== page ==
The Chinese Nationalist Party (KMT) government deployed 30,000 people nationwide during martial law in the 1980s to monitor religious groups, with 1,169 people sent to Presbyterian groups alone, findings by the Transitional Justice Commission showed on Monday.
The figures were discovered by a team of academics tasked by the Executive Yuan commission to research surveillance of religious groups during authoritarian rule based on files released by the Investigation Bureau and the National Security Bureau.
A handbook on “deployment work” issued in 1981 by the Investigation Bureau showed that 30,000 officers were sent across Taiwan to surveil the public, about one for every 500 to 700 people, the commission said.
There were four types of deployed officers: “detectives,” “internal,” “key” and “general,” also known as correspondents, it said.
Detectives, responsible for detecting political threats, were managed by the Investigation Bureau’s third division, while the other three categories were under the purview of the fifth division and instructed by field offices, the report said.
General and key officers were expected to report to their superiors at least once a month, while internal officers and detectives maintained constant communication, it added.
It is noteworthy that the system was adjusted in 1991 to replace the code for informants from Chinese characters to numbers, the report said.
The titles for deployed officers were also changed to different types of “consultants,” it added.
Researchers also found evidence that Christian fellowships on school campuses were a key target for surveillance in the early 1980s.
In a document on “conspiratorial activities” by Presbyterian university groups, intelligence units instructed all personnel to closely control the “illegal activities” of the church.
The Presbyterian Church is “using religion as a pretext for engaging in poisonous [independence] and anti-government activities in Taiwan, proselytizing to teachers and students to create a secret political movement and polluting their minds,” the document read.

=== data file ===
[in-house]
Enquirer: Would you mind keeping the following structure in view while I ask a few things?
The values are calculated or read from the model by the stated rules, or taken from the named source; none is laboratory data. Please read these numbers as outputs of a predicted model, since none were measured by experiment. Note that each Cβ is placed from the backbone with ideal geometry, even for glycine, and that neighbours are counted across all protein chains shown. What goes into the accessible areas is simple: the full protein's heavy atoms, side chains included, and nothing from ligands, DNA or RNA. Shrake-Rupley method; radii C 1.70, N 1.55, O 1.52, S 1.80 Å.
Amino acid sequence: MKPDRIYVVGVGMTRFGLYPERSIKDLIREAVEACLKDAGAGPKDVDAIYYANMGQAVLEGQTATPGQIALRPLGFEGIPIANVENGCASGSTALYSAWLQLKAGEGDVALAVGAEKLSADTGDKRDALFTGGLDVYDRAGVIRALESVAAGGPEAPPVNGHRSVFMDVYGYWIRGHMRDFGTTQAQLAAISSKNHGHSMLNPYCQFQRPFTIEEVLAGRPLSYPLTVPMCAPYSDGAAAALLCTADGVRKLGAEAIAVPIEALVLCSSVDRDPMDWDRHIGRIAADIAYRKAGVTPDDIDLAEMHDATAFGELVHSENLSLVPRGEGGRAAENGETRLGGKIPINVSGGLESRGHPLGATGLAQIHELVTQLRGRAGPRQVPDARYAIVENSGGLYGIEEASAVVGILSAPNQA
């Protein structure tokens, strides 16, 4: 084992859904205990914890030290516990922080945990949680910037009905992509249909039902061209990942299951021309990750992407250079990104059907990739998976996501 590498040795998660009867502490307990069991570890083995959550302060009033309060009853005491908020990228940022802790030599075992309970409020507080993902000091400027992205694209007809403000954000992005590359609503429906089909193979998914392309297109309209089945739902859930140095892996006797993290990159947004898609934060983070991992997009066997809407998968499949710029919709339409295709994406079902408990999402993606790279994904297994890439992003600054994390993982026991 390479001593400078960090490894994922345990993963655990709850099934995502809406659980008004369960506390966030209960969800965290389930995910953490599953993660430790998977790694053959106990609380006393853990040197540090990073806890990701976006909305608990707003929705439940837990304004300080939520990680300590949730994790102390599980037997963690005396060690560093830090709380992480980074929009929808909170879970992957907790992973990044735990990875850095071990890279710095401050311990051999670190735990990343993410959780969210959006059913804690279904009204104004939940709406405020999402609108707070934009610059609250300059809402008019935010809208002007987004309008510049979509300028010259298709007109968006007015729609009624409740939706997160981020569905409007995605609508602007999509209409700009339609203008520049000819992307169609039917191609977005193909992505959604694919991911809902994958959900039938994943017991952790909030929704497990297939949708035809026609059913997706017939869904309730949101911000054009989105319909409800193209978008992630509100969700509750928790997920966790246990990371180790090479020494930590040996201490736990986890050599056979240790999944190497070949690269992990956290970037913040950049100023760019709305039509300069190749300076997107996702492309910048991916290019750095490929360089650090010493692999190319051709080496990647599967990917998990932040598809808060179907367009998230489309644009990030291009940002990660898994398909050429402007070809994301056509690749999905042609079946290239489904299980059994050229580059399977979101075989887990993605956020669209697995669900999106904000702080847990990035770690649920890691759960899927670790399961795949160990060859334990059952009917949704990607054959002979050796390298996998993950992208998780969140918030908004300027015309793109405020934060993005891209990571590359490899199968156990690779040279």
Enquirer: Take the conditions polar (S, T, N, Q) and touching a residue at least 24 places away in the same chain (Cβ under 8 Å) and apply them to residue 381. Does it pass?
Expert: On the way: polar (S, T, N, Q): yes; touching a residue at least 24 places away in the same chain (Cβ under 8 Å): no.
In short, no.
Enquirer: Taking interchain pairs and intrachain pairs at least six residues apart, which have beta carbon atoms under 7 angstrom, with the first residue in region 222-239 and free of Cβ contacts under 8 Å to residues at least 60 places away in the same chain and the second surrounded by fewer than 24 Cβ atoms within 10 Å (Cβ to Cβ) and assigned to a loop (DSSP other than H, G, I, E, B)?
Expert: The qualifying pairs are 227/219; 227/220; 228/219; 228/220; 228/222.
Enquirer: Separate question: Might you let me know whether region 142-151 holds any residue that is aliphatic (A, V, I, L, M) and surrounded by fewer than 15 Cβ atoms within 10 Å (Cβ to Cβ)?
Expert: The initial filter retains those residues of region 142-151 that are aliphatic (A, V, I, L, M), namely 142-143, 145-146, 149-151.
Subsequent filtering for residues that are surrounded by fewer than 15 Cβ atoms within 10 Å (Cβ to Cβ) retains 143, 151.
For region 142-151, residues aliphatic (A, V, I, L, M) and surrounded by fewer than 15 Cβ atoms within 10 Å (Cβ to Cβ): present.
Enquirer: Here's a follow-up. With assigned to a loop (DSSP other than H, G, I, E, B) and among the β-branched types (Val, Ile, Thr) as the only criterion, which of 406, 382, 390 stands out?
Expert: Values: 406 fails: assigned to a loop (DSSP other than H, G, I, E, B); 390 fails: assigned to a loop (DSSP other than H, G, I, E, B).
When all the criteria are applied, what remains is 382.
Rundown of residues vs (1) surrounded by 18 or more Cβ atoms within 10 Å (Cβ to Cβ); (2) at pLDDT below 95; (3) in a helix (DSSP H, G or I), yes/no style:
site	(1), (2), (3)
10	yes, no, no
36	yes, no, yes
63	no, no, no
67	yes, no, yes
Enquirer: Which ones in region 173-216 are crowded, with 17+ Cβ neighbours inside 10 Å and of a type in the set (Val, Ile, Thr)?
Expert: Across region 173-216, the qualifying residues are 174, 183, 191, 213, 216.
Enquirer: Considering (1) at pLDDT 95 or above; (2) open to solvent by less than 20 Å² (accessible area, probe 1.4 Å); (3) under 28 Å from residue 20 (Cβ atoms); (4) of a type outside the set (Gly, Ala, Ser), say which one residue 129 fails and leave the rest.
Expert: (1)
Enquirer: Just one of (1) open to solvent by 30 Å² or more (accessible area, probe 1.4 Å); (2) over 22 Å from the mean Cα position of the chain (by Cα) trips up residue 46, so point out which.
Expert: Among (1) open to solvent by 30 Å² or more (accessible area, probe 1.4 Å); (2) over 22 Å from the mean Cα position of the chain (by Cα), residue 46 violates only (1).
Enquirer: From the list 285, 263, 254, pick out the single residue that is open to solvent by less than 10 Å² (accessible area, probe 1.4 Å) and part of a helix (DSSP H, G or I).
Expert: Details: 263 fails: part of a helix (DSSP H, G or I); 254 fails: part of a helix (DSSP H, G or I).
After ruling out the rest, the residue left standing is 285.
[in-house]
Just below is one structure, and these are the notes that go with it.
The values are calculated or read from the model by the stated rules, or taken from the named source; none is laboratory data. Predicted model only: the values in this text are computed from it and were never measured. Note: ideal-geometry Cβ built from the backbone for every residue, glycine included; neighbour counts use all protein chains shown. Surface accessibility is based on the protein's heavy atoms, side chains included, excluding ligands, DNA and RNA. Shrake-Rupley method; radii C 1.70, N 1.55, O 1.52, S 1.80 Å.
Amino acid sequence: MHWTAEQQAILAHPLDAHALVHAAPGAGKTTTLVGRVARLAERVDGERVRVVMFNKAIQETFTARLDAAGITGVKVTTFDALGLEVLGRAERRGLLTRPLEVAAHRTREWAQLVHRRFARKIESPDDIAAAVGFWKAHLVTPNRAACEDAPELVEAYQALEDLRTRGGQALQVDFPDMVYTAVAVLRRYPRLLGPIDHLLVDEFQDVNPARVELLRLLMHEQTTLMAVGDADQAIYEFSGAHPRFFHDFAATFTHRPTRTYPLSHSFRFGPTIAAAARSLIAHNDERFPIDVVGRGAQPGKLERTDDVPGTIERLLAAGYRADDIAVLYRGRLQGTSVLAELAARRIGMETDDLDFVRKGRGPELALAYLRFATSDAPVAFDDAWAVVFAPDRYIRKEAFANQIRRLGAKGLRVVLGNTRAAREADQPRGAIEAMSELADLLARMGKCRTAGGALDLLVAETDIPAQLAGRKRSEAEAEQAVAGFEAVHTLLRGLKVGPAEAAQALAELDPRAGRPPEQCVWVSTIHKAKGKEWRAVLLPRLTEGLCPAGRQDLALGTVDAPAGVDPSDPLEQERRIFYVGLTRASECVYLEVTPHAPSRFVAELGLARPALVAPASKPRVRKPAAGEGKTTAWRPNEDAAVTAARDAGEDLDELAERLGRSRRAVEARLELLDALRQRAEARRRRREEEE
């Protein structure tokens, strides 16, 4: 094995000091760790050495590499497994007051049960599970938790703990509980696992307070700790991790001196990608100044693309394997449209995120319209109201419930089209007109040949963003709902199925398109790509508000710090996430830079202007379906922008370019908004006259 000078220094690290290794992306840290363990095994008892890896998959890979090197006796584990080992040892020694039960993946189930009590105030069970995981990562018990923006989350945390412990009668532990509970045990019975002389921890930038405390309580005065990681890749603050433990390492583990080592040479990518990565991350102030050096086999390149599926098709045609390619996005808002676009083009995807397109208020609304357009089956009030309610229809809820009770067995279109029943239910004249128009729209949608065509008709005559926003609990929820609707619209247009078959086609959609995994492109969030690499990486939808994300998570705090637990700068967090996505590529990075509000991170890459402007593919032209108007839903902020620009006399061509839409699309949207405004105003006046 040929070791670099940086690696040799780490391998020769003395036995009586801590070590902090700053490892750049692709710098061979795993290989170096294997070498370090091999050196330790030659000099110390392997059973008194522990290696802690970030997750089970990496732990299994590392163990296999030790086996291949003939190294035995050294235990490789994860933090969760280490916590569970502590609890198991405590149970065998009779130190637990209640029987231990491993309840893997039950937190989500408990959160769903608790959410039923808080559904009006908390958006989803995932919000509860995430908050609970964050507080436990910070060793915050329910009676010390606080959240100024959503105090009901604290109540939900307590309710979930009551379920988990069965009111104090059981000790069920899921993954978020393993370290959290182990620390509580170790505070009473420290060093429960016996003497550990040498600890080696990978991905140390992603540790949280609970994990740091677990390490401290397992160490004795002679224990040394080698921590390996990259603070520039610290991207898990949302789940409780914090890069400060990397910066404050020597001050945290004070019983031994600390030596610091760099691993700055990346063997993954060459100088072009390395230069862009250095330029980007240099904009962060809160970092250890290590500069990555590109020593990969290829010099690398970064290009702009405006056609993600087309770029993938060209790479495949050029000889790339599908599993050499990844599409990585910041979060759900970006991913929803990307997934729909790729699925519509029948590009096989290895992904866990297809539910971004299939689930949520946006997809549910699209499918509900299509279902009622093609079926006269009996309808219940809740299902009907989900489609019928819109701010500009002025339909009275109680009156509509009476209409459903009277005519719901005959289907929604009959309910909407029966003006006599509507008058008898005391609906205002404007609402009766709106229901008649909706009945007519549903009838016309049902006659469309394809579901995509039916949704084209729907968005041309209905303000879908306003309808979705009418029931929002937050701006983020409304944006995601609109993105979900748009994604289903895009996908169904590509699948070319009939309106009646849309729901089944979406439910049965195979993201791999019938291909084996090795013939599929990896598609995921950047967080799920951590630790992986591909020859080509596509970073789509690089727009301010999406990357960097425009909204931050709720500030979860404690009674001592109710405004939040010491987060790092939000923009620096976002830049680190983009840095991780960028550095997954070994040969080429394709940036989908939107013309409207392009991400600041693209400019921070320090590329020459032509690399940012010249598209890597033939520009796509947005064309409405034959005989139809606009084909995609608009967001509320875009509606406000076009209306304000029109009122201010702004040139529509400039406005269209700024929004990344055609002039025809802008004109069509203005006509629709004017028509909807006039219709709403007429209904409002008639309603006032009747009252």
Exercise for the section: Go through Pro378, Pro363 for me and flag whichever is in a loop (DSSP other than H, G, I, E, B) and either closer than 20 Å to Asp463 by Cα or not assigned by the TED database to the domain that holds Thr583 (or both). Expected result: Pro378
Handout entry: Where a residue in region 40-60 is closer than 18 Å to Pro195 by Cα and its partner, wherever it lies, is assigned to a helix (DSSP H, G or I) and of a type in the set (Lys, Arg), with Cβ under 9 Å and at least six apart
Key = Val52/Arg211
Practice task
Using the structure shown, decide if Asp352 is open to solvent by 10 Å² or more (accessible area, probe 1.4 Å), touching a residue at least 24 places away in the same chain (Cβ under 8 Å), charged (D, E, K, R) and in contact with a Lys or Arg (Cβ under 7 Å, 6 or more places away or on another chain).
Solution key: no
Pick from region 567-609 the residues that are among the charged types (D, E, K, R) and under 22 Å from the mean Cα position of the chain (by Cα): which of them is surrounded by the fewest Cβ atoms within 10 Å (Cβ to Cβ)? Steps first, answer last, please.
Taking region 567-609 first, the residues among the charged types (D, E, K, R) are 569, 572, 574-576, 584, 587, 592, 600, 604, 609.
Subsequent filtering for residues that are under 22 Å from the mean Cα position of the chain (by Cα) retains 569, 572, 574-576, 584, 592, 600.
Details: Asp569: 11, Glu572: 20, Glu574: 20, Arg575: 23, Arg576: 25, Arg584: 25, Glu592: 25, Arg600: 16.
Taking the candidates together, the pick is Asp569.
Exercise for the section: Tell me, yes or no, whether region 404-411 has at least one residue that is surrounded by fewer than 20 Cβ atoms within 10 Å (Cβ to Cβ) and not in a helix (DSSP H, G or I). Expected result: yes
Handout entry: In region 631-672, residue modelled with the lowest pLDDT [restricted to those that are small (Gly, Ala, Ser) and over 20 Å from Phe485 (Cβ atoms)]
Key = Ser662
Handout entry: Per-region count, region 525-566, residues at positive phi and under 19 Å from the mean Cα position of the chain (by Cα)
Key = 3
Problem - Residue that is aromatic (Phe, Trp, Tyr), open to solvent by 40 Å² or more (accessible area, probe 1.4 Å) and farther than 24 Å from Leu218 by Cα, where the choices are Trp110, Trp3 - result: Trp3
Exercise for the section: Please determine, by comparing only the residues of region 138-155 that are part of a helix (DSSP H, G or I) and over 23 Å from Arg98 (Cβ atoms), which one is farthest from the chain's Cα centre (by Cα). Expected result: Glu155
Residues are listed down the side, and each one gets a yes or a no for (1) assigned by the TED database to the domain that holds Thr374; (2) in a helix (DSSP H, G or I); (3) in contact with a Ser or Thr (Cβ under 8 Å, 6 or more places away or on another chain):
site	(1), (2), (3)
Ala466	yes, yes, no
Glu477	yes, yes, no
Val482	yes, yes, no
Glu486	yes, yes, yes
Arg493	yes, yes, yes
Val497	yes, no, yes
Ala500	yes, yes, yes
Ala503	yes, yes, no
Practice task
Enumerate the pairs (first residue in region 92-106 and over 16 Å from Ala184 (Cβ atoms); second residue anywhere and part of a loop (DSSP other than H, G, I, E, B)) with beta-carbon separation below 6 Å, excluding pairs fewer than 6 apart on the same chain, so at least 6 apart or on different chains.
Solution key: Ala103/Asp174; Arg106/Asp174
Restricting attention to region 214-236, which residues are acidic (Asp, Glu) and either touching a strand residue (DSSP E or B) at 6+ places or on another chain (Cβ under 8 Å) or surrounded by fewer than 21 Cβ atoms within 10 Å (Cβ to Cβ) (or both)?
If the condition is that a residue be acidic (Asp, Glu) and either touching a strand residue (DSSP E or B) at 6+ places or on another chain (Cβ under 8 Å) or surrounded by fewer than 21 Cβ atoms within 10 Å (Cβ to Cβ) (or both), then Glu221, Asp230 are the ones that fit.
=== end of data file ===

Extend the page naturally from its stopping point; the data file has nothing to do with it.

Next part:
The Investigation Bureau instructed campus “stability” groups and military instructors to recruit informants for surveillance, in addition to working with local police to suppress activities when necessary and providing “correction” to those who participated in fellowship activities, researchers said.
Files from 1983 and 1985 also include regular reports by the Ministry of Education to the Investigation Bureau on Presbyterian “infiltration” on campuses.
Other documents from the latter half of the 1980s reveal fears of the Chinese Communist Party exploiting religious groups ahead of the re-establishment of cross-strait travel in 1987, researchers said.
The “222 Project” was therefore enacted to conduct a thorough probe of temples, martial arts groups, foreign religious organizations and missionaries, they said.
Meanwhile, in the higher-level National Security Bureau archives, especially those pertaining to the “Declaration of Human Rights,” researchers found clear evidence that former president Chiang Ching-kuo (蔣經國) and police directed local leaders and other officials to assist with monitoring and controlling the Presbyterian Church.
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